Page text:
Here’s the problem: this side of the Atlantic is unaware of Victoria Wood. Queen of observational stand-up, master of the cheerful monologue ridden with a thousand little dreads, goddess of the sketch surreal and regular, authoress of so much women-centered content that she out-Bechdels the Bechdel Test by a mile, unsentimental teller of truth in matters sexual, superb chronicler of Englishness, trail-blazer (she’d hate this title, but I don’t give a damn), tea drinker, owner of the most glorious bosom in the whole of Commonwealth.
Yet Britain’s much loved, awarded and televised, the Royal Albert Hall-selling-out, multi-talented comedic performer and writer could easily visit any North American city in [...]
If perhaps you were intrigued by the idea of podcasts by comedians but you aren't interested in living in a male-only world, as Paul Brownfield, the author of this past weekend's Times mag piece on podcasts by comedians does, here are a few things for you to explore!
• In the print version of the magazine, but not online, How Was Your Week?, by Awl pal Julie Klausner, got tied for his final pick. That's… nice that it got a mention! It's very good. Perhaps you will enjoy, if you can stand the fact that Julie doesn't have a penis.
• There is also the podcast of [...]
Sure, there are funny gays in various entertainment fields, such as shoe design and Condé Nast magazines, but let us think of gays in actual comedy. Okay, so there's Ellen. That guy ANT. Neil Patrick Harris. And… hmm.
Oh right. Scott Thompson. And Graham Chapman, of Monty Python. These two might prove a comedy "rule" that gays are often funny when in groups of straight people. Or when they are English: Stephen K. Amos, Simon Amstell, Matt Lucas, Julian Clary, Paul O'Grady. And Kenny Everett and Frankie Howerd and Kenneth Williams, RIP! Or when they are of an English province: Trey Anthony, say, from Canada. And Tommy Sexton. And [...]
This is a real-life story about five bros who decide to make a movie, as sort of a last hurrah before they grow up. Each of them has to write 15 pages of the movie in turn, having only seen the immediately preceding 5 pages. And then… they make the movie.
Crazily enough, everyone finds this very frustrating and acts like a big baby. Ha ha, no, only sometimes. It's actually a great depiction of collaboration and how awful and wonderful it all is. (Makes a lovely companion to the Andre Gregory documentary Before and After Dinner, which, by the way, has been extended through tomorrow at [...]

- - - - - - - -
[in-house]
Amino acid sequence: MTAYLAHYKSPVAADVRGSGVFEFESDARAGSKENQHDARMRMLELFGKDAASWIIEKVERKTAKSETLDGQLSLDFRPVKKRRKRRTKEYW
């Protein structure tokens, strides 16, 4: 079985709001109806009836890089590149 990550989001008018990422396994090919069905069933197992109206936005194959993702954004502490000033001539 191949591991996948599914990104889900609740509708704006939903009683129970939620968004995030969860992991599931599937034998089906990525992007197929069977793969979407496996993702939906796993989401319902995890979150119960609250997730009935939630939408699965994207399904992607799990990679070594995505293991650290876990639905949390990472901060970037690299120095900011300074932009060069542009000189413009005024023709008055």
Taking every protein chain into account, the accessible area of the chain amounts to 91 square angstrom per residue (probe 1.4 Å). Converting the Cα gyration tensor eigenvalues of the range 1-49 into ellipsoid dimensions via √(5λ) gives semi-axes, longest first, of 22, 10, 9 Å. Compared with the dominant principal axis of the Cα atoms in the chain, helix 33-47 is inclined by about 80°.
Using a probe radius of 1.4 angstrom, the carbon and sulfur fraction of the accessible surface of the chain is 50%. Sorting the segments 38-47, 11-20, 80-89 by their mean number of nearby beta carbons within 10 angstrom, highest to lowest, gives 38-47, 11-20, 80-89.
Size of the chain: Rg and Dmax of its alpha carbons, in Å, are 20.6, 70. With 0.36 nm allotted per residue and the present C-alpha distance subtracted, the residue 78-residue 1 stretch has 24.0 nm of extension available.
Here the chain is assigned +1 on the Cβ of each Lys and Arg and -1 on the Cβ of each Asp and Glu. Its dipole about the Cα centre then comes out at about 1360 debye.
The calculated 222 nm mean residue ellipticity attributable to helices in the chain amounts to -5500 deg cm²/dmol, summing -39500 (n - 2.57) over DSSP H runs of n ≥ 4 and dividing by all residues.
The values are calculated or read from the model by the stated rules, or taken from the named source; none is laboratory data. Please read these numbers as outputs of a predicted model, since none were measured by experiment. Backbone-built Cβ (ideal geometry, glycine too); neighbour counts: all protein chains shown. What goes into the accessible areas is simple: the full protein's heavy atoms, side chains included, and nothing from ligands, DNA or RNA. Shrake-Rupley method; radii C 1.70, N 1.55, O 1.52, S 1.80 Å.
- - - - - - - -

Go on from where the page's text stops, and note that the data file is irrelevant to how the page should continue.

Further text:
"Cock wire Mike Sui!" yelled one of the young men in the crowd. "Cock wire Sui is awesome!" The kimono robe and mirrored sunglasses, like some kind of last-minute frat-boy Halloween costume, that Mike Sui was wearing when he leapt onto the stage, had been shed, and Sui now prowled the stage in cargo shorts and a Nike t-shirt.
Before April, a slim few, if any, in this Shanghai crowd would have known Sui's name. And before April, NetEase, one of China's largest Internet companies, certainly would not have asked Sui to emcee its stage at China Joy, the nation's largest gaming and digital entertainment exhibition. But now it was [...]
Well, Kate Harding went and made a list of rape jokes that she considers to be actually funny. (At least one of them did indeed make me laugh!) TRIGGER WARNER: Dane Cook is on the list. (Double trigger warning: "racist v. rapist" in this one. Complicated.)
Dante Nero, who sometimes opened for him, recalled one college gig when a young woman yelled, “Say something funny!” during one of Patrice’s philosophical disquisitions. “You didn’t hear anyone else laughing?” O’Neal began. “Is it because you weren’t laughing? You the type of person who wants everyone to be miserable if you’re miserable?” Then he turned to her friends: “Why do you hang out with her?” The girl stood up to leave, demanding her boyfriend join her, but he sat there, frozen, and O’Neal zeroed in on him—as an ally. “If you stay, it’ll be over,” O’Neal said encouragingly. “Ride it out.” The audience started to weigh in. [...]
Chris Hardwick has made a career out of being a nerd. Well, actually, he has made several careers out of being a nerd, as the host of "Web Soup" a writer for Wired, an author and the host of The Nerdist podcast. Paste Magazine and Rolling Stone both named The Nerdist one of the ten best podcasts of the year, which means that it's now a TV show, with a special airing tomorrow night on BBC America. The podcast has also spawned a community of tech, science and nerd culture enthusiasts on Nerdist.com.
Years before he created Nerdist Industries, Chris was already sowing [...]